To Good Health
A big thank you to the unsung heroes working to make our lives better
By Rob Smith August 10, 2022
I could have died.
I didn’t realize it at the time. All the medical professionals told me how “lucky” I was. I didn’t understand until later.
For about a month starting around Thanksgiving, I began experiencing random moments when I was short of breath. I had to pause while walking up steep Seattle hills. I became slightly winded jogging up the 14 stairs in my house. Routine workouts became labored.
Then, two days before Christmas, I was moving a large-screen TV into the trunk of my car when it hit. I couldn’t breathe. At all. I began to sweat, became dizzy and panicked. It took me a full 30 seconds to breathe again, and even then, I couldn’t walk 10 feet without becoming light-headed. I had to lean on a piece of furniture every time I stood up.
After testing negative for Covid, I grudgingly accepted that this wasn’t simply going away. I went to the ER. The doctor told me I had probably suffered a heart attack. A few more tests revealed something I had heard of but couldn’t define: I had suffered a pulmonary embolism and a small stroke in my brain.
I wasn’t even aware of the stroke. I had no symptoms and have no aftereffects. It was all caused by two huge blood clots in my lungs. The doctor told me I was lucky to be alive. The nurses kept telling me I was surprisingly lucid and engaged. Virtually every medical provider who looked at my chart widened their eyes and dropped their jaws.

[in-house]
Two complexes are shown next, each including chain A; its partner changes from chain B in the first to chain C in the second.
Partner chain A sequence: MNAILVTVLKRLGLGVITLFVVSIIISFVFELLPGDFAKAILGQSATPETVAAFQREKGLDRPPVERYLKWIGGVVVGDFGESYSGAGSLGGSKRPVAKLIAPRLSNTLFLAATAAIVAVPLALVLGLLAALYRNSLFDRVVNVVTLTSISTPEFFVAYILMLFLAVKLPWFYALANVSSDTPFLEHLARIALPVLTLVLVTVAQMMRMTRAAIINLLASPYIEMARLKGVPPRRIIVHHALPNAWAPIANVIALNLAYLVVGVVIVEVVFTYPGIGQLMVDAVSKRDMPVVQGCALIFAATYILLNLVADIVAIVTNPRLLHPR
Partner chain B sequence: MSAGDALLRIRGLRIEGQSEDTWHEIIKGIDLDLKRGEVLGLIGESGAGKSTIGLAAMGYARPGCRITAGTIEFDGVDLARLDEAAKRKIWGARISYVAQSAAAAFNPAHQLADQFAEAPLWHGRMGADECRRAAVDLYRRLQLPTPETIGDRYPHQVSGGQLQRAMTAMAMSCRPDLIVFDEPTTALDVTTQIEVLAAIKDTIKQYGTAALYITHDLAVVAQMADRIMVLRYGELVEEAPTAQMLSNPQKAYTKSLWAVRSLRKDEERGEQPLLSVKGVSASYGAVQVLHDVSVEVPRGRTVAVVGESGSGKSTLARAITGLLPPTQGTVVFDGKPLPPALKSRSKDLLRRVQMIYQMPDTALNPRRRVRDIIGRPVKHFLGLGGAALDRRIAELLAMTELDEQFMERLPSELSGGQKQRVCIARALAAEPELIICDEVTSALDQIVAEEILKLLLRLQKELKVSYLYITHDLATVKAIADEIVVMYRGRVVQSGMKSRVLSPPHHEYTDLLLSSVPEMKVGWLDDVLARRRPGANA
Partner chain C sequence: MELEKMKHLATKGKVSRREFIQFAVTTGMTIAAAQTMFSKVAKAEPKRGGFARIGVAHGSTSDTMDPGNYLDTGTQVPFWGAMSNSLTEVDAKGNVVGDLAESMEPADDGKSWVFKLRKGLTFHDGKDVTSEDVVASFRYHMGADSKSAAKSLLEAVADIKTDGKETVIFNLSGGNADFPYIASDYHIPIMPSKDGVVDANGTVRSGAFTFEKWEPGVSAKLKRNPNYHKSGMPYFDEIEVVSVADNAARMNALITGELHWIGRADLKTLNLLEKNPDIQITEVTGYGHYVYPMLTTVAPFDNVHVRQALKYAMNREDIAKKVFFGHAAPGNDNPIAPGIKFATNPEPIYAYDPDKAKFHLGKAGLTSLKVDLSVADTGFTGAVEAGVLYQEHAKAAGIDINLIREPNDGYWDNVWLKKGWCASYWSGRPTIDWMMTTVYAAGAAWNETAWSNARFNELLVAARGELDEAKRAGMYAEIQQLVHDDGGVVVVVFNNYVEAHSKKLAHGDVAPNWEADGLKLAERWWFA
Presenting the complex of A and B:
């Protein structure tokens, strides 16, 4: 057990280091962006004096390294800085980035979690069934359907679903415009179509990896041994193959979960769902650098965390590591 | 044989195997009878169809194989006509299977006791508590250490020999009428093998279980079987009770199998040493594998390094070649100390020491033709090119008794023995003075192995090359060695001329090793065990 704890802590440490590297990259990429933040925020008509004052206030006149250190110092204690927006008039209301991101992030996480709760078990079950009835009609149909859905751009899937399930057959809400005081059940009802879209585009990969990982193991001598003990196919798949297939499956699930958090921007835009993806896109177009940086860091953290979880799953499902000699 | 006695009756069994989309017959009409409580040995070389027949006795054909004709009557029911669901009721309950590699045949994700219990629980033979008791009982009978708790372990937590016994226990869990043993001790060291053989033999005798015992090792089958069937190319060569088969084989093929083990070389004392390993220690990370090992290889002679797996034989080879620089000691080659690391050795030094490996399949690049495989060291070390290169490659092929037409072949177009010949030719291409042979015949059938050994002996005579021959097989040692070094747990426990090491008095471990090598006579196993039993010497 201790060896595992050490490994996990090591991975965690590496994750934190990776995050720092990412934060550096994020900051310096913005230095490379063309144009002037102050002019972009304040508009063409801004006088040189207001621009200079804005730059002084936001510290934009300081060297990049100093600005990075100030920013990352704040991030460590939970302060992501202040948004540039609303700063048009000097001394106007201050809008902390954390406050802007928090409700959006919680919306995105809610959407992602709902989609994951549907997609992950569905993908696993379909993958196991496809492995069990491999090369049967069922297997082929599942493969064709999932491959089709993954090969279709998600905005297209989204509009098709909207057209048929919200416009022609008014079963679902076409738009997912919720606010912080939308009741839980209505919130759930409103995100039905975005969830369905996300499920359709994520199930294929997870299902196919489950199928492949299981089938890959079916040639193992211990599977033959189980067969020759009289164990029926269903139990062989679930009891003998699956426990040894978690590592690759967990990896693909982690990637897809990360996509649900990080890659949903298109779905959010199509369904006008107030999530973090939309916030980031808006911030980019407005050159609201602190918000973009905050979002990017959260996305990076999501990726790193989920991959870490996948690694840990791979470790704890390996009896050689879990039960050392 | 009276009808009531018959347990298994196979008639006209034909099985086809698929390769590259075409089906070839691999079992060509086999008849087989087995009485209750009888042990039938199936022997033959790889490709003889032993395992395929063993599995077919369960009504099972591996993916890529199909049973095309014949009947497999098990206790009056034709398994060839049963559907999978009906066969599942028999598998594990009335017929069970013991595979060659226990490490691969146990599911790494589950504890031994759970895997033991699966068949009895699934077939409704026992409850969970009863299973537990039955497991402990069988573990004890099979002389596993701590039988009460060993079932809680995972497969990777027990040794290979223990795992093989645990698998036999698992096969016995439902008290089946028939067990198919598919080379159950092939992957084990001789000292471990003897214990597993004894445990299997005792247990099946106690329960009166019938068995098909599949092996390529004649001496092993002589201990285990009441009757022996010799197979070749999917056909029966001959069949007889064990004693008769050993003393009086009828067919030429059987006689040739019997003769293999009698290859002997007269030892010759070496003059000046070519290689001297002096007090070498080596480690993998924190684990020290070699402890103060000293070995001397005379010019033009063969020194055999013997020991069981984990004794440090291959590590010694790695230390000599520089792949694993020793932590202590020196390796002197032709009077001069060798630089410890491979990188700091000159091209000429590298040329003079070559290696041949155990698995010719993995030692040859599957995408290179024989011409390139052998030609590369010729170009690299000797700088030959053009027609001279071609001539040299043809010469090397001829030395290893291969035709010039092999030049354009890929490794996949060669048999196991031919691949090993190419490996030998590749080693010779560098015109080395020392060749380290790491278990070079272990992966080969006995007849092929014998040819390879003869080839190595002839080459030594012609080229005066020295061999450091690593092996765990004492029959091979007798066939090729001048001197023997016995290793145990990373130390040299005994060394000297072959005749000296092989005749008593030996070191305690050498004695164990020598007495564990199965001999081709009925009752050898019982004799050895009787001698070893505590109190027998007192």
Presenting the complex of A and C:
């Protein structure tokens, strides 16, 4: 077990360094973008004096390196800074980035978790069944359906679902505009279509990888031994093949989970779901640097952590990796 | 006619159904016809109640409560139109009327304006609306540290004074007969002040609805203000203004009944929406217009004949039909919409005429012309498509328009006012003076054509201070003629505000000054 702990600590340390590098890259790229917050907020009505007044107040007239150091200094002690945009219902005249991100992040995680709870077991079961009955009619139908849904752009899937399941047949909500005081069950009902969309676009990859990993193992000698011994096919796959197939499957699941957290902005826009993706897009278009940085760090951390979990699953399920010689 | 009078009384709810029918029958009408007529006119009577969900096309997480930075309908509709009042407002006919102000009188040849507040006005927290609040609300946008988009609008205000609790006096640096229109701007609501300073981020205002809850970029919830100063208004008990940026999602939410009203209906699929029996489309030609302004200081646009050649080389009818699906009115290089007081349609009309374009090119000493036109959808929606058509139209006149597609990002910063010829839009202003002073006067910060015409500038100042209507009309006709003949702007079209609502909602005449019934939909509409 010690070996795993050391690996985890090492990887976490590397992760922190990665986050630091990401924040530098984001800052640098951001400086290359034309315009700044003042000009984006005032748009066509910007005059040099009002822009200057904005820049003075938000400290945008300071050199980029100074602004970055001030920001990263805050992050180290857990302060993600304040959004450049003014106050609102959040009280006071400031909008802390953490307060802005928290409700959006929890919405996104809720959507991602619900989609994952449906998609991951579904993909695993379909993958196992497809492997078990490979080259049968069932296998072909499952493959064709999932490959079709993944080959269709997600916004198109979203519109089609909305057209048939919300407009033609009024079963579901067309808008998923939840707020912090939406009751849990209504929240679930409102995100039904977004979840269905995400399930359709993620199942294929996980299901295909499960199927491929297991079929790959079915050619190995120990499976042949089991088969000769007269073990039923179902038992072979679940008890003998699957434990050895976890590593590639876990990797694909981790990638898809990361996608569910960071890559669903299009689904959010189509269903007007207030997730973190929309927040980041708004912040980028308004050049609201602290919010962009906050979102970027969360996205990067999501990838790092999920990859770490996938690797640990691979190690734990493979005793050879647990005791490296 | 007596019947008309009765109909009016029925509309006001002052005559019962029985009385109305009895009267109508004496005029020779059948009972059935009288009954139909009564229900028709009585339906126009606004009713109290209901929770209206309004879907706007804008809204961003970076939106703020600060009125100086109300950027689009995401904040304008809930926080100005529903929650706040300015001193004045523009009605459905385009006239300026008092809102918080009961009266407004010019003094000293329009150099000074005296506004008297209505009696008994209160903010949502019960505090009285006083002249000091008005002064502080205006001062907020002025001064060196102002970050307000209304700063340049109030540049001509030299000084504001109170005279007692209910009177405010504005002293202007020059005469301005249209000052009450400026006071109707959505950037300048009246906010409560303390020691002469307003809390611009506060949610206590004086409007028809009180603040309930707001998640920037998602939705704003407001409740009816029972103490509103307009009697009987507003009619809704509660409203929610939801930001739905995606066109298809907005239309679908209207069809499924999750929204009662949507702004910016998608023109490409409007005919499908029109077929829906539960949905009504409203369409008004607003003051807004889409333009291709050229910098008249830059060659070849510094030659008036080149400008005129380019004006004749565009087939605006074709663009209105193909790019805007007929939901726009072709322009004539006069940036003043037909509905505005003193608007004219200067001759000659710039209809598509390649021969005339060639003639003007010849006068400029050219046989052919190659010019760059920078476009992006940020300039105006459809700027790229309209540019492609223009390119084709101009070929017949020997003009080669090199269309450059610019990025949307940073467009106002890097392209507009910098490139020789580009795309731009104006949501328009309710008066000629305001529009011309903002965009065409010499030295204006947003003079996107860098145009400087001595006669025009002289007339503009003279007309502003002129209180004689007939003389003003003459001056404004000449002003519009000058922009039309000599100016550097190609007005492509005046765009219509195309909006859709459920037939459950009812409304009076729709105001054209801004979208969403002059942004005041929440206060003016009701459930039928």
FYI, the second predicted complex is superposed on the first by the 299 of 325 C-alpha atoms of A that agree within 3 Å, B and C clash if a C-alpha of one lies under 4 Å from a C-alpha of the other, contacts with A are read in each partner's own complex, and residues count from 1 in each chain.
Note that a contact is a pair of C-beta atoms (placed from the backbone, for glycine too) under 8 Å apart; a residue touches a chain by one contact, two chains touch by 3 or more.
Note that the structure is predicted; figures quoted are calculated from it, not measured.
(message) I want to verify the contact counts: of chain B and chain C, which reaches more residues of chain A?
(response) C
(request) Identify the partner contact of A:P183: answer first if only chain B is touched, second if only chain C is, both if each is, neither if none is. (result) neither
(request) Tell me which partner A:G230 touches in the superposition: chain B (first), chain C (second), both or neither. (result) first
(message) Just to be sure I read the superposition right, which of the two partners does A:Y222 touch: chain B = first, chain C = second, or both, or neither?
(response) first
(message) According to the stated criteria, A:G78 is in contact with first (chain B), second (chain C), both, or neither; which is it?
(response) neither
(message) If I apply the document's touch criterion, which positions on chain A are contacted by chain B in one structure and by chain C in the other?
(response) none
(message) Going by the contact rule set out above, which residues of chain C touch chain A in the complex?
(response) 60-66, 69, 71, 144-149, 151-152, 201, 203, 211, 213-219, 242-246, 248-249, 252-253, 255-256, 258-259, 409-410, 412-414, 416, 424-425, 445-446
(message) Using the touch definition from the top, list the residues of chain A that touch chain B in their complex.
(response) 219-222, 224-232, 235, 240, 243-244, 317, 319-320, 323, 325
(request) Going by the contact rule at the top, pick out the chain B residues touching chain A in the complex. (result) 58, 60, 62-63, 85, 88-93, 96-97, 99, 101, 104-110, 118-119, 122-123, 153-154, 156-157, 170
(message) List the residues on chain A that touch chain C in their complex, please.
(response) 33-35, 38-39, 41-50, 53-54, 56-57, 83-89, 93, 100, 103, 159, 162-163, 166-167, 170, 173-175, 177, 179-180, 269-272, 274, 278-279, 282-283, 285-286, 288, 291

I later discovered that I had a one-in-four chance of dying in my driveway, that around 200,000 people each year have a pulmonary embolism. A friend who is a retired nurse and health care administrator in Maine told me I was lucky this happened in Seattle. She was familiar with this city’s stellar care all the way across the country.
The stories revolving around cancer care and health in this issue of “Seattle” magazine are deeply personal to me. Most everyone knows someone who has suffered from cancer. This issue is devoted to those who have dedicated their lives to fighting and eradicating this terrible disease. They are truly heroes.
I have my own heroes who helped during my ordeal. They are too numerous to list, but thanks, especially, to Nurse Darah. She spent time with me, answered my questions and checked in with me frequently. She was very reassuring, explaining in detail why I was there, how well I was doing and why I needed to take this seriously. She brought me packets of information and served as a care guide. I was sure I didn’t need any of it and told her so. She didn’t back down. Her patient persistence was exemplary. She was very kind and incredibly informative.
A big thanks also to Dr. Michelle Bridges, the pulmonologist I saw shortly before checkout who skillfully managed to stitch the cavalcade of information about my condition into a coherent narrative I could easily understand.
All the medical professionals in this issue – and there are a lot, as this is our annual Top Doctor edition – deserve a big thank you for the selfless, mostly anonymous work they do on our behalf.